During my internship at Cisco Meraki, I was implementing IKE (Internet Key Exchange) for our VPN and while reading up on some of the crypto involved, I found out that one of the requirements of a good multi-precision integer implementation is that it be able to do constant-time modular exponentiation to defend against side-channel attacks and timing attacks. E.g. the implementation shown on Wikipedia for Montgomery’s modular exponentiation does swaps based on a condition, which violates this constant-time requirement.

The solution to this problem is to implement constant-time conditional swap, i.e. to swap if a certain condition is true but in constant-time. For example:

is not constant-time because if `condition` is true, it will take time doing the swap but if it’s false, it will not spend that time doing the swap and hence is susceptibe to timing attacks.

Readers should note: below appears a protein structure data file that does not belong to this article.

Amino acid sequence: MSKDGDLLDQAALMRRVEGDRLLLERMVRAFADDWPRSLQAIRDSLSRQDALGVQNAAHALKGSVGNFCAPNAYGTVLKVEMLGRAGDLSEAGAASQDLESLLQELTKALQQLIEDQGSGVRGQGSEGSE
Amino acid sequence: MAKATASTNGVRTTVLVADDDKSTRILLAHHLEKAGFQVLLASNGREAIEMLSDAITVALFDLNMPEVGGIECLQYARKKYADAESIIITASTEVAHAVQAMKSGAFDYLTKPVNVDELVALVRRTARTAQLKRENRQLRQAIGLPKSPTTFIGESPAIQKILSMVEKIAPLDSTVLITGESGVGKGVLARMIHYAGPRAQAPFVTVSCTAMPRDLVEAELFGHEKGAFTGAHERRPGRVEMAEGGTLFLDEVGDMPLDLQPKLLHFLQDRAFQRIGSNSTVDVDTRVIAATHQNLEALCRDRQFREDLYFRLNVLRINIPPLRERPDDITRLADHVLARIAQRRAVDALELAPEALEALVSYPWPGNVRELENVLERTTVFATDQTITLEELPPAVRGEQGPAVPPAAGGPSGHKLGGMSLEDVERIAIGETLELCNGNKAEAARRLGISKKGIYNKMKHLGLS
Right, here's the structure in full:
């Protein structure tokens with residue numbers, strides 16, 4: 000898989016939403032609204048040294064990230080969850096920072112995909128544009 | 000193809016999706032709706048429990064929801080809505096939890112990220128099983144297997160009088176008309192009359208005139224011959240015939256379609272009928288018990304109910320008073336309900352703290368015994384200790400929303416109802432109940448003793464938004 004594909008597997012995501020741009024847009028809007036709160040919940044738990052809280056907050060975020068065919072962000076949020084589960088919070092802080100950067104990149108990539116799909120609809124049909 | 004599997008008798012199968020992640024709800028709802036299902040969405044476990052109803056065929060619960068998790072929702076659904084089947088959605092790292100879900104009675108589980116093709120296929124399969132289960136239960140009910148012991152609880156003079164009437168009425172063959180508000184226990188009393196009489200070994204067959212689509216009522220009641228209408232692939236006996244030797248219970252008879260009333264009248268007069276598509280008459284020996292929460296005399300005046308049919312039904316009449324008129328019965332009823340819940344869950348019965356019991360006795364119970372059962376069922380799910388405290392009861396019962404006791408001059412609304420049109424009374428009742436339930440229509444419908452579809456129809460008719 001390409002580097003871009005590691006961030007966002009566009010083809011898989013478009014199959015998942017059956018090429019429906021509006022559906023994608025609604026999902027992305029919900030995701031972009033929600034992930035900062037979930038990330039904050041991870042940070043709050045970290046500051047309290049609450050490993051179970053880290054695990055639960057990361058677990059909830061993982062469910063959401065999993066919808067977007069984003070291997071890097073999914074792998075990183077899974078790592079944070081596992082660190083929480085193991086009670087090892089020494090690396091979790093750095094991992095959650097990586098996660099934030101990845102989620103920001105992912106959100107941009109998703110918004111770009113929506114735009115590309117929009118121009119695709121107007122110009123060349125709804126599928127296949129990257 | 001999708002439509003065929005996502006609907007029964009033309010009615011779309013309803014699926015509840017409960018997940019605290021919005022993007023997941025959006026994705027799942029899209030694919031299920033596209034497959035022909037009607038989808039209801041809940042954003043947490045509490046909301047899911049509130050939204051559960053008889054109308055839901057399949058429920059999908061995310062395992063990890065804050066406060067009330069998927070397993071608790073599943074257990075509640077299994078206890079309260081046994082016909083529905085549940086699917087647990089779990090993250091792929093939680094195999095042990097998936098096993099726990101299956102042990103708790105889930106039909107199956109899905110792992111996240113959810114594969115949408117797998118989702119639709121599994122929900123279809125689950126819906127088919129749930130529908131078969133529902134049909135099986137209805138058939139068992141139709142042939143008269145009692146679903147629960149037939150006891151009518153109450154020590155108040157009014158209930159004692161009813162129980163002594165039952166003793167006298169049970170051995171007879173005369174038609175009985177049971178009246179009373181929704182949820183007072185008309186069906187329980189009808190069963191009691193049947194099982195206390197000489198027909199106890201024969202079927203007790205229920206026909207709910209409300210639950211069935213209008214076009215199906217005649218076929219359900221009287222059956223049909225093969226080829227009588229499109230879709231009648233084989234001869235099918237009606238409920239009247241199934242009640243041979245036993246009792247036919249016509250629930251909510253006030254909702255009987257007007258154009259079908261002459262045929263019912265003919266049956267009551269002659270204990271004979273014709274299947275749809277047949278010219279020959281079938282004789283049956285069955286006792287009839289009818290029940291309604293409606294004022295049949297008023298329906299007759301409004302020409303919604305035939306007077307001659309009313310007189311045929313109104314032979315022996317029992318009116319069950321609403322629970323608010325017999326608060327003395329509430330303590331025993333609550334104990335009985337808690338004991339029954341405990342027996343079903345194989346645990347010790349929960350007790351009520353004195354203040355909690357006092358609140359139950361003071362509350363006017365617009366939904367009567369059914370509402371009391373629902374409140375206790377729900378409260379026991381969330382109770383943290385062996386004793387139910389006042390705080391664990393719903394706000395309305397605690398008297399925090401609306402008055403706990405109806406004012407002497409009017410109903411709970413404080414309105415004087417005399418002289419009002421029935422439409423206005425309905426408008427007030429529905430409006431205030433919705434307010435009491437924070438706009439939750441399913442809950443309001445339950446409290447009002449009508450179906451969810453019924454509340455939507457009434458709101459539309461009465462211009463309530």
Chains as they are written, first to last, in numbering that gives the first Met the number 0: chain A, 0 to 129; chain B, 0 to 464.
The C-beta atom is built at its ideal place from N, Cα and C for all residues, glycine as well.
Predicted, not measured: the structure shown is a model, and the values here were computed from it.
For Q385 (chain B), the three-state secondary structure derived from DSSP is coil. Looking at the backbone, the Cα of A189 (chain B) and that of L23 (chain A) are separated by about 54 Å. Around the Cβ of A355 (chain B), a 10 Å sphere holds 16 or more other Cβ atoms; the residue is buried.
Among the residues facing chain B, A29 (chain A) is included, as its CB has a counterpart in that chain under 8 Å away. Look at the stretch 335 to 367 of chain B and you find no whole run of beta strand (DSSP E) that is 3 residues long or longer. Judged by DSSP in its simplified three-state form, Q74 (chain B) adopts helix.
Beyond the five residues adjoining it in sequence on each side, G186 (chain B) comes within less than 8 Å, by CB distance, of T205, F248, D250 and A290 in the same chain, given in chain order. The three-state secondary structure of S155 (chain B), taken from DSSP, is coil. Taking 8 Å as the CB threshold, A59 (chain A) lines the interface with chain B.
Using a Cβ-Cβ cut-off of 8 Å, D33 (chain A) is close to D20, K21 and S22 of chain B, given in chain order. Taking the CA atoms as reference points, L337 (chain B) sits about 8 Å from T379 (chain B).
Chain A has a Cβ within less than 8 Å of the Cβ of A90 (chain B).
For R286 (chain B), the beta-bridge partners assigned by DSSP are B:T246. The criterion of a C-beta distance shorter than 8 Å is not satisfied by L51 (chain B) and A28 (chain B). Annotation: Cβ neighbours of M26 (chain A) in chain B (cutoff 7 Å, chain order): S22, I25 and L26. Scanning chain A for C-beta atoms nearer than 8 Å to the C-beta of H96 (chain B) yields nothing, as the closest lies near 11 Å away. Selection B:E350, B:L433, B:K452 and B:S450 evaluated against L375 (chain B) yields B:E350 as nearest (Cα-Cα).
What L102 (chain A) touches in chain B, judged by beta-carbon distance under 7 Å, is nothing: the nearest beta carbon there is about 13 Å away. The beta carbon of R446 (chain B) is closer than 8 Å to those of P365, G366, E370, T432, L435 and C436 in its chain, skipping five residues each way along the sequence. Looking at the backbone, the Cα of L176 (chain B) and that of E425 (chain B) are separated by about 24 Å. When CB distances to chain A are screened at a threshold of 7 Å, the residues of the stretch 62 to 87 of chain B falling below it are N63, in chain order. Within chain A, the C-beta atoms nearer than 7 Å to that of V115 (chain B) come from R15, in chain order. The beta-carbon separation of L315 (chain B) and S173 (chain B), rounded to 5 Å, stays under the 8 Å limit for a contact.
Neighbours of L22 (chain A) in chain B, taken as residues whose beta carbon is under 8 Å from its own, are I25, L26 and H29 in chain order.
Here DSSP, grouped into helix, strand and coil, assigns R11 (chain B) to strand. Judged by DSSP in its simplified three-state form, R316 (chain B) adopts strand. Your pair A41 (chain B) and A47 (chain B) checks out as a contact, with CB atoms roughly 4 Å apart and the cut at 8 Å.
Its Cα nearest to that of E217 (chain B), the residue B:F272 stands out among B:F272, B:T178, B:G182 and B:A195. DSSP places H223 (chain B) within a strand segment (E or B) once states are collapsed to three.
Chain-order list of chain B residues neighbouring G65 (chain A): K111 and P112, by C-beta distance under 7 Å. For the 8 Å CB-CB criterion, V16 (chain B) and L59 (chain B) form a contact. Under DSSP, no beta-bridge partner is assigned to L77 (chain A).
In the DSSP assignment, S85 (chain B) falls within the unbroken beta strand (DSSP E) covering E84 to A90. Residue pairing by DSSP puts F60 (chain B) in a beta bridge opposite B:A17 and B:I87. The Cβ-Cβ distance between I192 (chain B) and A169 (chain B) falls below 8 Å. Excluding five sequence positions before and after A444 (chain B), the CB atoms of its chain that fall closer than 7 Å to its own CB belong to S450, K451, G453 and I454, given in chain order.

So I was trying to come up with a constant-time swap and the simplest one I could think of was as follows:

## Explanation

This part makes sure that the value of condition is either 0 or 1.

If condition is 0, then make it -1 (`0b111...111`, all bits turned on). If it’s 1, make it 0 (`0b000...000`, all bits turned off).

`condition_a` is equal to `a` if `condition` was false (0). Otherwise it’s 0. Similarly `condition_b` is equal to `b` if `condition` was false (0). Otherwise it’s 0.

If `condition` was 0, then `condition_b` will be equal to `b` and hence the first xor will be equal to `a`. Similarly, if `condition` was 0, then `condition_a` will be equal to `a` and second xor will be equal to `b`. And so on …

If, however, `condition` was not 0, then the swap will happen because `condition_a` and `condition_b` will both be 0.

## AND!

Before someone starts yelling at me for implementing my own crypto - I didn’t. This was just for educational purposes. We use a well-vetted crypto library to handle all crypto.